Collective Action and Decision-making
Mass collaboration and the aggregation of information enable potentially profound changes in business and politics. In this class, we will compare and contrast the transformations in economic life and collective decision-making processes brought on the information revolution. The discussions will also explore the role of open information systems on business and the scope for greater transparency and participation in government, politics and public life.
- James Surowiecki, Wisdom of Crowds (excerpt)
- Ethan Zuckerman's blog review of Infotopia Great summary of the issues in the book.
- Divided They Blog - a paper showing trackbacks between political blogs, mentioned by Ethan Zuckerman in his review of Cass Sunstein's Infotopia
- On a similar topic: Cross-Ideological Discussions among Conservative and Liberal Bloggers, by Eszter Hargittai, et al.
- Abstract: With the increasing spread of information technologies and their potential to filter content, some have argued that people will abandon the reading of dissenting political opinions in favor of material that is closely aligned with their own ideological position. We test this theory empirically by analyzing both quantitatively and qualitatively Web links among the writings of top conservative and liberal bloggers. Given our use of novel methods, we discuss in detail our sampling and data collection methodologies. We find that widely read political bloggers are much more likely to link to others who share their political views. However, we find no increase in this pattern over time. We also analyze the content of the links and find that while many of the links are based on straw-man arguments, bloggers across the political spectrum also address each others writing substantively, both in agreement and disagreement.
March 20: Collective Action and Decision-making Just Johnny 17:11, 15 February 2012 (UTC)
The question whether a group will take a better or a worse solution is an interesting one in the context of Internet, social media, etc. I am thinking also in terms of real world with presidential election or death penalty. Is the group decision the best? How the process is different from online decision making? As for Internet, I think we can do more than Amazone, Facebook, that we did not explore all the capacities of mass decision or decision making. I am wondering about a world republic...--Sab 22:43, 20 March 2012 (UTC)
In the Johnson’s experiment of the maze, I like the idea that the group had discovered the optimal solution, and it would be interesting to demonstrate that it applies to the real world and not only in laboratory settings and classrooms. I think it would be even more interesting to analyze the relation with the phenomenon of the social networks, in which the mass decision and participation primes over a handful of people making what they think is better for the society. I think this experiment has more sense than the Victorian notions that humanity, as a group, is just a dumb herd. I don’t think this is a correct statement, nevertheless experiments like Sustein’s in which was demonstrated that people find it difficult to defy the will of a group, and may polarize to avoid interpersonal conflict are facts that should be carefully thought. The question is if in fact this applies also for Internet communities, in which there’s no personal contact and people feel freer to express whatever they want without fearing opposition and being different. In any case, what I like more in the Ethan Zuckerman Blog review of Infotopia is that in some cases the predictions are proven wrong, like the Sunstein’s predictions that if we can choose our own media we will isolate ourselves in an information cocoon. Therefore, deliberation could be proven to be an effective way to accumulate information.Fabiancelisj 20:25, 20 March 2012 (UTC)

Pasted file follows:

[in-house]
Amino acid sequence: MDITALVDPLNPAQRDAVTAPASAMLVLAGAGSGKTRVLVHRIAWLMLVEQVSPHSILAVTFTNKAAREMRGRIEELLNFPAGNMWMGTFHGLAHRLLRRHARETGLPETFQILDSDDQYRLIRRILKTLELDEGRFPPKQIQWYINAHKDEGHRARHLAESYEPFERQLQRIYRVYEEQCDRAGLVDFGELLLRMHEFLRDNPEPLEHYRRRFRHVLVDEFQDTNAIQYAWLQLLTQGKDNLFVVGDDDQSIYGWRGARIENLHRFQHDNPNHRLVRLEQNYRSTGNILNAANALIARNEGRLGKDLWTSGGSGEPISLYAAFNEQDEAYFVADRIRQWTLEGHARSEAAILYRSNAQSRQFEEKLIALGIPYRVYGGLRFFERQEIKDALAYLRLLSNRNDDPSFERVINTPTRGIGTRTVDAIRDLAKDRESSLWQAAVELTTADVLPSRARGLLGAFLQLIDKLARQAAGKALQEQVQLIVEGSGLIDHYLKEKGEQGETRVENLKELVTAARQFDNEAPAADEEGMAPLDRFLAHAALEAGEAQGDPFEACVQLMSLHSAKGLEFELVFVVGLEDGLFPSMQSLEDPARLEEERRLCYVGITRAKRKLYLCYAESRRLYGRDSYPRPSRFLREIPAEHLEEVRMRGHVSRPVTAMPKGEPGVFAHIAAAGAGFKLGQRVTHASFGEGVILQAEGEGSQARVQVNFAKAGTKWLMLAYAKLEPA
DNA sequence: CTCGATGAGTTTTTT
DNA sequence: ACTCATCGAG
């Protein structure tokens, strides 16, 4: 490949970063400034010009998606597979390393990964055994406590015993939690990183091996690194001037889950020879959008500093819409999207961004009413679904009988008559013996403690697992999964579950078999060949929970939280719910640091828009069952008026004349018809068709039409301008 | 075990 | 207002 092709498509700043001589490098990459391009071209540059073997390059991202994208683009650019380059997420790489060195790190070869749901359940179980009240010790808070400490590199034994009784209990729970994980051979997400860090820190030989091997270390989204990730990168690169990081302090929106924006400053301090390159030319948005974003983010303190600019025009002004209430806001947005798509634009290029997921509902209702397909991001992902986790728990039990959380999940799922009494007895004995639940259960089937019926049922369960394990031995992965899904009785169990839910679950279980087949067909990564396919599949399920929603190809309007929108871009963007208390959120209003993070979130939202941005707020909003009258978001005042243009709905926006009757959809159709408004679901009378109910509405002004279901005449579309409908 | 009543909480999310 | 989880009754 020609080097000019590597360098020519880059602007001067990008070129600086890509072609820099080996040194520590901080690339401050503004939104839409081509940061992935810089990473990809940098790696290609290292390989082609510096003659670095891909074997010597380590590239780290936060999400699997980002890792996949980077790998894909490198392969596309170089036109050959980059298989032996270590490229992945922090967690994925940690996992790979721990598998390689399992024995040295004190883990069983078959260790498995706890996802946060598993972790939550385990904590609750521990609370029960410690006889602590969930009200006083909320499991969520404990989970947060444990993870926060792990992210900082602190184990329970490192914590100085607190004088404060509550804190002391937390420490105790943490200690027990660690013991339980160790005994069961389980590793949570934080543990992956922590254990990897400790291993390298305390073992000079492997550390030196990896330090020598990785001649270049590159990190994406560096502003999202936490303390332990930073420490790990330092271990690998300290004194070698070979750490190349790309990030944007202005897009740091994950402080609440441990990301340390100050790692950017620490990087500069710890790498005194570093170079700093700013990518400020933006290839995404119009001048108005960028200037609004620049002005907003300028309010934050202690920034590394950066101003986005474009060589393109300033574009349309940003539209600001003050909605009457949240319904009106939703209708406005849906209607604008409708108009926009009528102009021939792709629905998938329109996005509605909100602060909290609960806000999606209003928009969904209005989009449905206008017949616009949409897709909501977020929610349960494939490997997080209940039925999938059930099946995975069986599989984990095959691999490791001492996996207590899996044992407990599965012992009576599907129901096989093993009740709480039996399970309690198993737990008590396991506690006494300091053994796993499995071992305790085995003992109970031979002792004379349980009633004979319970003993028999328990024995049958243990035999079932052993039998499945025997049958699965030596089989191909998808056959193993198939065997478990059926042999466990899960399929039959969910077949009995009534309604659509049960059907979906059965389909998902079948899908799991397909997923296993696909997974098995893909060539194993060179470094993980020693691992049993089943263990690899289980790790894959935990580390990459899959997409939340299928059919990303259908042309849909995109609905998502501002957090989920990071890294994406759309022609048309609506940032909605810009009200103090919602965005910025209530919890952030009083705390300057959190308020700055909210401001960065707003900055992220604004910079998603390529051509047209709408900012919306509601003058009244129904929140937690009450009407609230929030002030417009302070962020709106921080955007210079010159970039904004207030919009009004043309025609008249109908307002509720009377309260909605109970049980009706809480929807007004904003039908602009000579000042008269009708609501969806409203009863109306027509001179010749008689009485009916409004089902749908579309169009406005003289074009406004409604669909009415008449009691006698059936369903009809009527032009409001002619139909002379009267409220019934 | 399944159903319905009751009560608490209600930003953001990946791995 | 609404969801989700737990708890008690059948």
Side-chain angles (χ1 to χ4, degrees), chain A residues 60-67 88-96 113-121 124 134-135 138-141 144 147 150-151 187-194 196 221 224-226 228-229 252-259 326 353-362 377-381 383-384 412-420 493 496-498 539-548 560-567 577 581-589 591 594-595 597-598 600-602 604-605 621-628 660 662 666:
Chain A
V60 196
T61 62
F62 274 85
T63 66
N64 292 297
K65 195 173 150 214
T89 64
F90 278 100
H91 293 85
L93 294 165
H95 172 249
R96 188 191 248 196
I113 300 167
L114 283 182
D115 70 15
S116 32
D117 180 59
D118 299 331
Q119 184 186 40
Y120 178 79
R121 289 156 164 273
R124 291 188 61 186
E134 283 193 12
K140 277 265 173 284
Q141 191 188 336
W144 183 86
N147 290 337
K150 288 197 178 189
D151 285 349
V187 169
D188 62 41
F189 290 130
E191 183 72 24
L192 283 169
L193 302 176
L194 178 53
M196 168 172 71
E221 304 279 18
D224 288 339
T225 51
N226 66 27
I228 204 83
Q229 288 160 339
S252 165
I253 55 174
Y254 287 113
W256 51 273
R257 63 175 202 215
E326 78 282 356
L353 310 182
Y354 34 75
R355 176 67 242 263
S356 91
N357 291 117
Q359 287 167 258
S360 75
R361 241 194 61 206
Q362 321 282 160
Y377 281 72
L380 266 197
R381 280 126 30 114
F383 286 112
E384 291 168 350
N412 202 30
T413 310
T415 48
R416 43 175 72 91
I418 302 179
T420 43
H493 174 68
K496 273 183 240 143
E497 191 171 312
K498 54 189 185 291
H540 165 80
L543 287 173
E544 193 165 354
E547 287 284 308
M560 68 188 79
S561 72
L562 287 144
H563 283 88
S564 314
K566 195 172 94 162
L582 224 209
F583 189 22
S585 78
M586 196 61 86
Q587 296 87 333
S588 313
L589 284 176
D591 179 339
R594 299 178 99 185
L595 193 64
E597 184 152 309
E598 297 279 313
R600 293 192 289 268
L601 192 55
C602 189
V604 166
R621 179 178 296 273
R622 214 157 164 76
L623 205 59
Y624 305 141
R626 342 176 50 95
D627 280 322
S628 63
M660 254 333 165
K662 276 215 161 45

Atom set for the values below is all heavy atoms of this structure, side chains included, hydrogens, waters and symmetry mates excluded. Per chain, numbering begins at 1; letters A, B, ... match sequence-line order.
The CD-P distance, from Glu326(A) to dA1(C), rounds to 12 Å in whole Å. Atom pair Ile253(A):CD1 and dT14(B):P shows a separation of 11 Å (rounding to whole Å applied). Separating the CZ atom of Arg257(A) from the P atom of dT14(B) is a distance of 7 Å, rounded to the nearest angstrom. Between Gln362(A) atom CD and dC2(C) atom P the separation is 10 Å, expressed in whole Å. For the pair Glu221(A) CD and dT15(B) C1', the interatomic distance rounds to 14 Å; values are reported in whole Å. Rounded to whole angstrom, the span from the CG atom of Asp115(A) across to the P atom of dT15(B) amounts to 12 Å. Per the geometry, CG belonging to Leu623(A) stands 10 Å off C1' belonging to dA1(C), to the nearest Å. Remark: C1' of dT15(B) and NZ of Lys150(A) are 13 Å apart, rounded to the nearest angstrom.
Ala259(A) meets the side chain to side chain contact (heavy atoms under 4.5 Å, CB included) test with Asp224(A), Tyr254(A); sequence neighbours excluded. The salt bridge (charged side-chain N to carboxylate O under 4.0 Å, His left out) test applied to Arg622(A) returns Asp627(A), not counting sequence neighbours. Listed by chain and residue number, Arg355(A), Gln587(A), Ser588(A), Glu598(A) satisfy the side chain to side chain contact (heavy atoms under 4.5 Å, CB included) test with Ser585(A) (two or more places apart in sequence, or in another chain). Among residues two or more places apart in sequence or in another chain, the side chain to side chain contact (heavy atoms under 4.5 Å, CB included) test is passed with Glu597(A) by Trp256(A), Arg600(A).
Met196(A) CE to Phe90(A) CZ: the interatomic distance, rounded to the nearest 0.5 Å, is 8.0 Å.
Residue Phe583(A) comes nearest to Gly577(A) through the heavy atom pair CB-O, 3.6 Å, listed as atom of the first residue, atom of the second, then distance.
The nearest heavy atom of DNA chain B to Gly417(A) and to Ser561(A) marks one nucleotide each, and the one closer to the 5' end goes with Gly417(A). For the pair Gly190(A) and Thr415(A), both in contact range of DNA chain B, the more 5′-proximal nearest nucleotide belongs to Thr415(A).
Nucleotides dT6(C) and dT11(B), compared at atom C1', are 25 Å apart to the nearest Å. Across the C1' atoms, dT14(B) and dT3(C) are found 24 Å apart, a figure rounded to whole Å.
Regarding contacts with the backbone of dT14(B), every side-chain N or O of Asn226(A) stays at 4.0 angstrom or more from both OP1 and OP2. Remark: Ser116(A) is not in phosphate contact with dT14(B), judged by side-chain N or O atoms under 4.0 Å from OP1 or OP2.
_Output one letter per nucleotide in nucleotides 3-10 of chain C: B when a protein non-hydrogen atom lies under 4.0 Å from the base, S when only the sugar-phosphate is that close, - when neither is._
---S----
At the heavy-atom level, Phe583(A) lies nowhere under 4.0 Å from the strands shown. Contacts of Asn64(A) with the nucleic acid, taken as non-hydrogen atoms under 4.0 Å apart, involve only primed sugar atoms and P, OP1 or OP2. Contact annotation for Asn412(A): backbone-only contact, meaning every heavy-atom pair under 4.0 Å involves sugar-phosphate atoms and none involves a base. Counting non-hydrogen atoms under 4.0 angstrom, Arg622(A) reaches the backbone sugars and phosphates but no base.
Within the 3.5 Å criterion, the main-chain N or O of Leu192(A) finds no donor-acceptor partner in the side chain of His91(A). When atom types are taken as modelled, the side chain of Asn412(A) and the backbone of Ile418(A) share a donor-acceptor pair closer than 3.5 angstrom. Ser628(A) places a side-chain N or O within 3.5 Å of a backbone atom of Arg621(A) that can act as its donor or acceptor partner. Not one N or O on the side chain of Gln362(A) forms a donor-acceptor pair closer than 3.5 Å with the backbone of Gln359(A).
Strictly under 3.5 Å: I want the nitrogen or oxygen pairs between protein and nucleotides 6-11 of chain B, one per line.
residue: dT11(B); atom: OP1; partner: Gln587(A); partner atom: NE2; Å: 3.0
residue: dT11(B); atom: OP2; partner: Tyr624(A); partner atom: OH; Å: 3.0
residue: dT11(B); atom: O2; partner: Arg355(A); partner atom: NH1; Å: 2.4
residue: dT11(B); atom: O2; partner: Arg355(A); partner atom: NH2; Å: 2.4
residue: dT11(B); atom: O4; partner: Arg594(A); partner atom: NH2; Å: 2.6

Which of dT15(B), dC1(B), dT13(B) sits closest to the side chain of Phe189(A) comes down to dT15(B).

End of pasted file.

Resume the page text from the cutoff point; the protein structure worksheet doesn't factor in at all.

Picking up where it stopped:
Even though group intelligence is more difficult to measure than individual intelligence, I do believe that a crowd can outsmart a genius. Imagine for example, if a very intelligent physicist is isolated and only surrounded by other physicists, he/she maybe outstanding in this field, but is limited to what he/she can do. However, when allowed to collaborate with cell and molecular biologists, chemists, mechanical and electrical engineers, medical doctors, veterinarians, etc… a physicist learns to conduct cell mechanics, biophysics, molecular and biochemical experiments, and has the potential to solve health problems, such as coming up with a drug to relax airway smooth muscle cells during an asthma attack. When a group of diverse individuals collaborate, they can solve problems that they otherwise cannot solve individually. The internet has allowed this collaboration to increase globally through technologies such as Skype and E-mail. In some instances, group intelligence depends on its structure and dynamics. For example, Megan Garber, from Nieman Lab, reported that MIT researchers found that “[g]roup intelligence is correlated…with emotional intelligence, http://www.niemanlab.org/2011/05/mit-management-professor-tom-malone-on-collective-intelligence-and-the-genetic-structure-of-groups/. The researchers concluded that a group is more intelligent and is more likely to solve difficult problems when there are more women in it. Simply placing very smart individuals together in a group does not make a group smarter. When I think of a very intelligent individual or genius, I think of my lab principal investigator, who has the ability to lead his lab members and make important decisions. However, he would have not made an informed decision without hearing the lab members deliberate. Qdang 15:52, 19 March 2012 (UTC)
I like the connection between the reality of crowd intelligence in "Who Wants to Be a Millionaire" or marble-jar guessing and the concept of blog aggregates and online communities. It seems like this is a good argument against the dangers of cocooning at some levels. While a given blog/website community is likely there because they all subscribe to a certain set of interests or views, at least you know that if you're going to a big one you're probably getting the very best and most cohesive expression of those concepts. It may not make them right, but it adds value to them as a tool for educating yourself. Aggregates also will provide a balance to the problem that 1 or 2 of every group of 50 people will actually be more accurate than the group at guessing the number of marbles... but only in that one specific trial. If you follow one blogger religiously you are susceptible to their blind spots and moments where they were simply wrong. If you follow a collection of sites and blogs you will be exposed to the correct answers to most questions; whether you realize which is the correct answer is up to you haha. AlexLE 14:04, 19 March 2012 (UTC)